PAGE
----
July is typically the height of peach season in Texas, but many of the Hill Country’s well-known peach farms don’t have as much of the savory fruit to offer this year.
A mild winter has made for a much tougher growing season than usual, forcing an early end to peach season for many Texas farms.
Jamie Vogel owns Vogel Orchard in Stonewall, Texas, outside Fredericksburg. He heads the Hill Country Fruit Council.
Vogel says peaches require a certain number of chilling hours below 40 degrees to allow the buds to grow and develop properly. This winter’s lack of cold weather limited crops.
“One thing we understand in farming in general and with fruit is that you’re going to have good years and you’re going to have bad years,” Vogel says of Hill Country farmers’ morale. “We’ve had three pretty good years – 2014, 2015 and 2016 – with 2015 being really a bumper crop. You know that when that happens you’re likely to have some years coming up that won’t be so good. It’s just part of the process.”
The Hill Country Fruit Council posted a message on their website alerting consumers. “Because the Hill Country (and Texas crop in general) is small this year, you are unlikely to find true Hill Country peaches outside of the area so be careful what you are buying.”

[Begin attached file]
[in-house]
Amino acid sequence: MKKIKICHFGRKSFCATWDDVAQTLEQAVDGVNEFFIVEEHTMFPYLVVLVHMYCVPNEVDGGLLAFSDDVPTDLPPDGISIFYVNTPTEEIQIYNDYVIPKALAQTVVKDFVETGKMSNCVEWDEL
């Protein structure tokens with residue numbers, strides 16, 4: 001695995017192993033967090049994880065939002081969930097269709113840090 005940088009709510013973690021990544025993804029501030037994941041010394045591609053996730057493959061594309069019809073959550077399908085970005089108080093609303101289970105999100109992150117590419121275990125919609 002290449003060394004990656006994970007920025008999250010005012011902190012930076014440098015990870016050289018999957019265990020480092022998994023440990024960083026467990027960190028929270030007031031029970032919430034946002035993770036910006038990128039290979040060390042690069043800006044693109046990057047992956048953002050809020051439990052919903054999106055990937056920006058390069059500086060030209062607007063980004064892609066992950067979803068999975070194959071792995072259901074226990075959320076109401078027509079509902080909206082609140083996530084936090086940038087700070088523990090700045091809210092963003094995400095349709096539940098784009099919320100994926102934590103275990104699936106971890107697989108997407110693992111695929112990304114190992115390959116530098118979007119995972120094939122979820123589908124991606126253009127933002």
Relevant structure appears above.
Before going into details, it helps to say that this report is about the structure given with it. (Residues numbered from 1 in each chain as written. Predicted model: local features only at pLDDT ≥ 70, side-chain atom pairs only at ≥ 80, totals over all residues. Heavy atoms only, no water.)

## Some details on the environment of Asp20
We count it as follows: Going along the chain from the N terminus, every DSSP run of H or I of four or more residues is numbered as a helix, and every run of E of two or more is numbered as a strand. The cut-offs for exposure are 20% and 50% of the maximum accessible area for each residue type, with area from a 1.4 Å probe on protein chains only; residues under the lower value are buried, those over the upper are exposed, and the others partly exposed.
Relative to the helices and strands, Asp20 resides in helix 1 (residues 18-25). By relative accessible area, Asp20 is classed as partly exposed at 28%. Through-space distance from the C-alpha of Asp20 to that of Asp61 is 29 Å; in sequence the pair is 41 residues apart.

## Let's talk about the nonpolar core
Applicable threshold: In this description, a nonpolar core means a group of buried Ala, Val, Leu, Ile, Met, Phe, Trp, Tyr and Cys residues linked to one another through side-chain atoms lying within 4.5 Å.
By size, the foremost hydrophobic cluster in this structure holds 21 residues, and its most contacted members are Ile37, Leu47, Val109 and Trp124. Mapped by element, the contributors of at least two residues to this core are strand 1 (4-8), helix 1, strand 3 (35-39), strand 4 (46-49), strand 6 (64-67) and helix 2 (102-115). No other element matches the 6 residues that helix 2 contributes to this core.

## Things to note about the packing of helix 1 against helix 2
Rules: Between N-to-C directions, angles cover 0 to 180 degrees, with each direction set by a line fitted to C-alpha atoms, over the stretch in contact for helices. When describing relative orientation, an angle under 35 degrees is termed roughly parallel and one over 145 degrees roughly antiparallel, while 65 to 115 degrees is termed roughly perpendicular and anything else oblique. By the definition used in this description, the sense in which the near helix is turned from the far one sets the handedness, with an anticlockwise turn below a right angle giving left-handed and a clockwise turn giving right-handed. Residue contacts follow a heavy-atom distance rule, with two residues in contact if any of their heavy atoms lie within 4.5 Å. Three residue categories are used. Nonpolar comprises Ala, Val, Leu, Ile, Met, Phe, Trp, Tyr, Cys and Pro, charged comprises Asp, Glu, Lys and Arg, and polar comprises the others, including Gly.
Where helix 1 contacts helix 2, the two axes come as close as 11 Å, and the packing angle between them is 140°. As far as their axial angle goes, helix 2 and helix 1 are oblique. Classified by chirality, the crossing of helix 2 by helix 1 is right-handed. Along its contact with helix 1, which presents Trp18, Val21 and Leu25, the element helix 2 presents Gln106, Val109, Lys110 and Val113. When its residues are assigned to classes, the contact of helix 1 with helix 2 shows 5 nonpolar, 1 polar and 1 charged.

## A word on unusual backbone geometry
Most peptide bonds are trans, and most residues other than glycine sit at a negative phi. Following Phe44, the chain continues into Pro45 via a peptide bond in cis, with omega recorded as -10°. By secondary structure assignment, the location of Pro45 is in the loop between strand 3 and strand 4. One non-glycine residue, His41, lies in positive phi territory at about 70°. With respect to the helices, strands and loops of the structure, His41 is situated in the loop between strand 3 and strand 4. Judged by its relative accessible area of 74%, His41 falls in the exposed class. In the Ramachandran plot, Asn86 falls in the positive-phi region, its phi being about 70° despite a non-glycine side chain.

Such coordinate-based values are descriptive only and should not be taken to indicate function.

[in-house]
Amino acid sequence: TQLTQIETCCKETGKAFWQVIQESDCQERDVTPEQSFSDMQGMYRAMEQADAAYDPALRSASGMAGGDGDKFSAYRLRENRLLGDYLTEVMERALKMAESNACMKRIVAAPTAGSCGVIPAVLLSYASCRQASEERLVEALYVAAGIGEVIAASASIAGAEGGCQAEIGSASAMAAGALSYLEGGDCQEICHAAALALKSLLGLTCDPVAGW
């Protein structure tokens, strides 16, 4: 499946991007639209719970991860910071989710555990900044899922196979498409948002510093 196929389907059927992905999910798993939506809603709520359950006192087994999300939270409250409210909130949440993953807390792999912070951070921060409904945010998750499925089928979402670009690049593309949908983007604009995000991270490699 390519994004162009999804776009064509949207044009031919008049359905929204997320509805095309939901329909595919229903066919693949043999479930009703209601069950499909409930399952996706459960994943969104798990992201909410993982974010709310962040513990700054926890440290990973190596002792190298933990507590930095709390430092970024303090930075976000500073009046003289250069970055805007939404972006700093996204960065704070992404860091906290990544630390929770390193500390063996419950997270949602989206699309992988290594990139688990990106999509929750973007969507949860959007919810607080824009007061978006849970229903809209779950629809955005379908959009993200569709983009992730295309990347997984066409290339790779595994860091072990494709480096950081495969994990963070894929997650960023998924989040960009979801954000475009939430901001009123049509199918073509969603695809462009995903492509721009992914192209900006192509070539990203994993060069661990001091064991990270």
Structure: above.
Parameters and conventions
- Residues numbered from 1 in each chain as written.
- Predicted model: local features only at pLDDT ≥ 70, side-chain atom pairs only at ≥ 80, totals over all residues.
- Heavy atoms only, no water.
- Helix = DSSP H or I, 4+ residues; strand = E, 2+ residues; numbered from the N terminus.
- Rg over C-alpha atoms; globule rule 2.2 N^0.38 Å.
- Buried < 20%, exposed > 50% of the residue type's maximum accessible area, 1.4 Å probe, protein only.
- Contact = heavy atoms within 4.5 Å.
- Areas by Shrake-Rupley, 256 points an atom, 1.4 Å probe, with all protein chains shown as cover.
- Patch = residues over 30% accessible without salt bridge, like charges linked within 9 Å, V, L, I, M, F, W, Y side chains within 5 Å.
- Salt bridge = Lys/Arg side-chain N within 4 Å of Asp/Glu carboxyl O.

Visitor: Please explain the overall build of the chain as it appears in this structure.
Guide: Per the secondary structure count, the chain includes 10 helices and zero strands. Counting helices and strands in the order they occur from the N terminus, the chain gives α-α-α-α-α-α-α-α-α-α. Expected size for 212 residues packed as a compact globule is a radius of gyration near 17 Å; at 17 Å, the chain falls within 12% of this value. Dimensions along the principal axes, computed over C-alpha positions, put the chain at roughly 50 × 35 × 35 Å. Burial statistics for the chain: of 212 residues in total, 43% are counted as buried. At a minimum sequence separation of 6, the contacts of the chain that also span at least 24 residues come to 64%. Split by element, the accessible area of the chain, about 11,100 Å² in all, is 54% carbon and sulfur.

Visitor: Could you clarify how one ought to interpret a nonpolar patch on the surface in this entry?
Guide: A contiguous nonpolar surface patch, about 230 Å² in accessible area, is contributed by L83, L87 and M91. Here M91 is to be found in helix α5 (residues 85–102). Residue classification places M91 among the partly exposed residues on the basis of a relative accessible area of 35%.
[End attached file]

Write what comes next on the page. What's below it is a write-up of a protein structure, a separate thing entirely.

“You can come to the hill country and buy direct from the growers, but there’s not enough production left this season for fruit to go outside the county for wholesale purposes,” Voegel says, warning of “counterfeit peaches” grown in other areas. “Chances are if you’re seeing Fredericksburg or Stonewall peach signs, it’s unlikely that they’re actually fruit coming from this area.”
Vogel says in previous years peach farmers have had great chilling hours during the winter only to encounter destructive late freezes in March and April. “If you don’t have thick skin for something like that, you better not be in this business,” he says.
Written by Rachel Rascoe.